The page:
Thursday, November 18, 2004

The Big Bang - Google Scholar

My antennae are tingling--actually, clanging is more accurate. I think Google Scholar is (to use a really over-used phrase) a paradigm shift. Not that this perception is particularly clever as lots of people in the blogosphere and on listservs are musing along the same lines, right now.

So, what paradigm has shifted? Certainly the one that many librarians like to cling to: that little of any worth is retrieved in a Google search. This has never been absolutely true but being able to do a good search, and then isolate the wheat from the chaff was required, and it is also true that this was difficult for many people.

No more. I came across one blog entry from Dog News that points out the amount of scholarly material identified using Google Scholar on dog studies and animal shelters. This is how scholarly material is going to come to "the people" rather than the people coming to scholarly material which is the current paradigm at work in libraryland, and one that consistently fails to be attractive to searchers.

Google Scholar exposes the many instantiations of scholarly content available on the web, much of it accessible. Content that exists as an article in a subscription-based library-only accessible database often also exists as a pre-publication version on the author's web site, and/or as a conference presentation. For many searchers, these versions will be adequate as few people require the content have the imprimature that publication in a peer-reviewed journal bestows. Scholars may prefer the "real" version but I would bet a substantial amount of money that regular searchers like me will be satisfied, in most cases, with an immediately accessible version.

To someone who had to teach students the intricacies of the various Citation Indexes, I can only gaze in awe at the little link in each record "Cited by..." So easy, so integrated, so many person hours of bibliographic instruction no longer necessary. As Google explains, "Google Scholar also automatically analyzes and extracts citations and presents them as separate results, even if the documents they refer to are not online. This means your search results may include citations of older works and seminal articles that appear only in books or other offline publications."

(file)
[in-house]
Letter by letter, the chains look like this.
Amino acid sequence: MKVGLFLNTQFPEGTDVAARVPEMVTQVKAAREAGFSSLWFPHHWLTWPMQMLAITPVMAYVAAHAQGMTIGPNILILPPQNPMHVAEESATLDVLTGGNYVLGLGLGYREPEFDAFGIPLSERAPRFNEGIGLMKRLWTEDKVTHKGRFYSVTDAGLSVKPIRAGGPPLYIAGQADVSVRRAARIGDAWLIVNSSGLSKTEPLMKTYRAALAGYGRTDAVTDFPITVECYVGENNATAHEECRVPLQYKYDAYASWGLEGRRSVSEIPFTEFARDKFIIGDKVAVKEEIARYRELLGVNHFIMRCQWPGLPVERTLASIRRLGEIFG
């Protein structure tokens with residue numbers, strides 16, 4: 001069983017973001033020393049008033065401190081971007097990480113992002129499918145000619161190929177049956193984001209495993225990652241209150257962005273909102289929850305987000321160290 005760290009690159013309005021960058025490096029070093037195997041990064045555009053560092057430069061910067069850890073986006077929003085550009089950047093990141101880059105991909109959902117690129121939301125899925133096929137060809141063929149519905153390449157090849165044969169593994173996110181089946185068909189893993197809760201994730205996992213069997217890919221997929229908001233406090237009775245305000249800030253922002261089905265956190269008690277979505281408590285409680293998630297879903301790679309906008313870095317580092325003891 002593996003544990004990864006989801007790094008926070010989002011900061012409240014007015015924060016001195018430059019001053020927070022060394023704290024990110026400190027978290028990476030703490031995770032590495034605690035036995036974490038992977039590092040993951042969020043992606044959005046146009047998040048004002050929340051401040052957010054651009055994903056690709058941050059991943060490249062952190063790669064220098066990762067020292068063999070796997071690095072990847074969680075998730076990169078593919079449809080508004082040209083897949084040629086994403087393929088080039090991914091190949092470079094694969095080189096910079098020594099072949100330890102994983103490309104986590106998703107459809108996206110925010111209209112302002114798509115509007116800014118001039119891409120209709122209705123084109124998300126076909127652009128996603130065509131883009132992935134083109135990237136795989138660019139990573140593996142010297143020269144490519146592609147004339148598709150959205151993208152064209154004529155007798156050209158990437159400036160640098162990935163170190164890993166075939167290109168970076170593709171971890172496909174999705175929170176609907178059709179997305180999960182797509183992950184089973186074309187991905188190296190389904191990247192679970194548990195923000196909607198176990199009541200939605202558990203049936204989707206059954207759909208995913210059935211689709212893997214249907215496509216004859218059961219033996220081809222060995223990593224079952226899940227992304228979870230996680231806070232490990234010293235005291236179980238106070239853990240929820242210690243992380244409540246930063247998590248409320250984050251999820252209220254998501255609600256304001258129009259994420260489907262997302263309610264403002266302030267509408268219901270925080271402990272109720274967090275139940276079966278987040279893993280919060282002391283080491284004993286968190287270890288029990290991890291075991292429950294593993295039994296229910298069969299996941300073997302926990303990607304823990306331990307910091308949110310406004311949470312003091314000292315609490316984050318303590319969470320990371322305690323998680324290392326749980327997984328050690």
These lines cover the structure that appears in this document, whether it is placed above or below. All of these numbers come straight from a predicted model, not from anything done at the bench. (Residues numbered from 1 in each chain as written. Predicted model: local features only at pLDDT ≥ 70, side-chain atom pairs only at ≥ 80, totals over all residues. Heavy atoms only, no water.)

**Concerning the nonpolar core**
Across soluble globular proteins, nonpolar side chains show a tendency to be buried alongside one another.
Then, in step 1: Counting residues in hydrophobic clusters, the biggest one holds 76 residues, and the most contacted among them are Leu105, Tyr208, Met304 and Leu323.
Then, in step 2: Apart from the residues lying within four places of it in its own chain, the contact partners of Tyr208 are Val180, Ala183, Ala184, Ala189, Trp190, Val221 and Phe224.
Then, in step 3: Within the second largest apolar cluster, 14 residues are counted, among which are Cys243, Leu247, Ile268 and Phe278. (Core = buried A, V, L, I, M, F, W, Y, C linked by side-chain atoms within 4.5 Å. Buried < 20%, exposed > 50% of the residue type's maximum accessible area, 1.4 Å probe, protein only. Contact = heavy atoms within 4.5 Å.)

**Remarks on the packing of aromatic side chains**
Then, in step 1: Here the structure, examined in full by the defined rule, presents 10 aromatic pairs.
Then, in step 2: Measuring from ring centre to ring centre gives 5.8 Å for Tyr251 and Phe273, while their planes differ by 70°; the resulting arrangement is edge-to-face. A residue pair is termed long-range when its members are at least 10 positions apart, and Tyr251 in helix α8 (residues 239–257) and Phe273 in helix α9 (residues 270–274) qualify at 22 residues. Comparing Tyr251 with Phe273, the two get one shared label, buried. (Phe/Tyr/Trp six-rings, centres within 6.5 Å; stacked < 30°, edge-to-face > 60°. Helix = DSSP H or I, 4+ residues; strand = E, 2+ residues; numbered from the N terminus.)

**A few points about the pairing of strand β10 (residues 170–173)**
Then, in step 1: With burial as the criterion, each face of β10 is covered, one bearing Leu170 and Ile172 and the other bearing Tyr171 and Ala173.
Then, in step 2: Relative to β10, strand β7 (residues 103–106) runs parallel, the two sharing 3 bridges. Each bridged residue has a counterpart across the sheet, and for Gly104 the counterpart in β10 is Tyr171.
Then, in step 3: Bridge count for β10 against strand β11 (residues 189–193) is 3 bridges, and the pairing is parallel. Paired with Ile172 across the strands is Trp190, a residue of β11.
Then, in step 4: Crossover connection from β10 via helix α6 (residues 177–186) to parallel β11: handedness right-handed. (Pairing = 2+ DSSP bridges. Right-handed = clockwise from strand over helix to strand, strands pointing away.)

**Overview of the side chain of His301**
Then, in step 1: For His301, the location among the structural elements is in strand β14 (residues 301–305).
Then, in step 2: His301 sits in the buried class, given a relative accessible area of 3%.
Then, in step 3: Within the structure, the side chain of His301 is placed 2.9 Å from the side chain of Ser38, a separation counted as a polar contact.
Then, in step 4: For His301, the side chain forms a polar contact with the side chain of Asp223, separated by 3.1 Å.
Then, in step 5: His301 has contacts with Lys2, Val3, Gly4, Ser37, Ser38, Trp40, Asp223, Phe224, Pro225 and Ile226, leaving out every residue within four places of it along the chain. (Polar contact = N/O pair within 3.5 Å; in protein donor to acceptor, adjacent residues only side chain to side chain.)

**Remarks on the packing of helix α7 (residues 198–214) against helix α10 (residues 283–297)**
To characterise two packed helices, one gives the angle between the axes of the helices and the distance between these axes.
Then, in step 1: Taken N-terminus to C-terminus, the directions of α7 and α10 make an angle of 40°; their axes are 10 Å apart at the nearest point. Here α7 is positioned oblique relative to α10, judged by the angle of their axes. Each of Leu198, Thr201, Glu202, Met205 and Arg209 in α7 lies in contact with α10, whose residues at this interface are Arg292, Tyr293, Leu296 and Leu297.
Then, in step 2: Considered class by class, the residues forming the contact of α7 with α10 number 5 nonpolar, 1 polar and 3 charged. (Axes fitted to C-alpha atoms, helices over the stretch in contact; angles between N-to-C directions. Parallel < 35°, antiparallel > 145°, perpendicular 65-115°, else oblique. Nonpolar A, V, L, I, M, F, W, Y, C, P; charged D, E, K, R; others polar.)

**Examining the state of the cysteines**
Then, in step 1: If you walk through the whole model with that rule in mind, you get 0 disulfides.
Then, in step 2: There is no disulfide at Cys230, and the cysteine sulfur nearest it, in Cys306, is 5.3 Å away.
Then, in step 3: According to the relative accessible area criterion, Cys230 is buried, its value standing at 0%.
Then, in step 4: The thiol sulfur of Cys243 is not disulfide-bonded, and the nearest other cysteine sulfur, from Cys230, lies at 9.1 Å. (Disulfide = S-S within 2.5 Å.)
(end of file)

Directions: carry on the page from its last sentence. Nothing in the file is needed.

In the FAQs, libraries are mentioned several times as Google makes sure people understand that much of the content identified will be in libraries, and that discovery of that content may need to be done through a library interface. And OCLC gets a mention too, for providing the service behind the "Library Search" link. I'd like to think that the Open WorldCat program has been instrumental in Google's decision to release Google Scholar.

For a good detailed look at Google Scholar, go read Gary Price and Shirl Kennedy on it, at ResourceShelf

The harbingers of our collective future have been for a long time, many, overt and often ignored. But there's nothing quite so salutory as a Big Bang to get reluctant wishful thinkers to pay attention. Pay attention. Google Scholar is a Big Bang, and others will follow. No doubt Yahoo will provide some way very soon of scoping their substantial amount of scholarly content.

So, is this The End of The World As We Know It? It just might be. And actually, I do feel fine.


Alice said...

I love REM!

Anonymous said...

you know, you really need to get yourself a URL with a better name than scanwhatever... but anyway, good post!

A l b a said...

The Resourceshelf blog gave a link to a Polysearch engine that allows users to compare the results posted from Google Scholar and those from particular databases.

The change in paradigm will certainly have to change - I agree.


Anonymous said...

Kept hearing people talk about Voip and IP Telephony. Didn't know what it was but i found the Lloyds Business website and it shed some light. Not as exciting as i though it was gonna be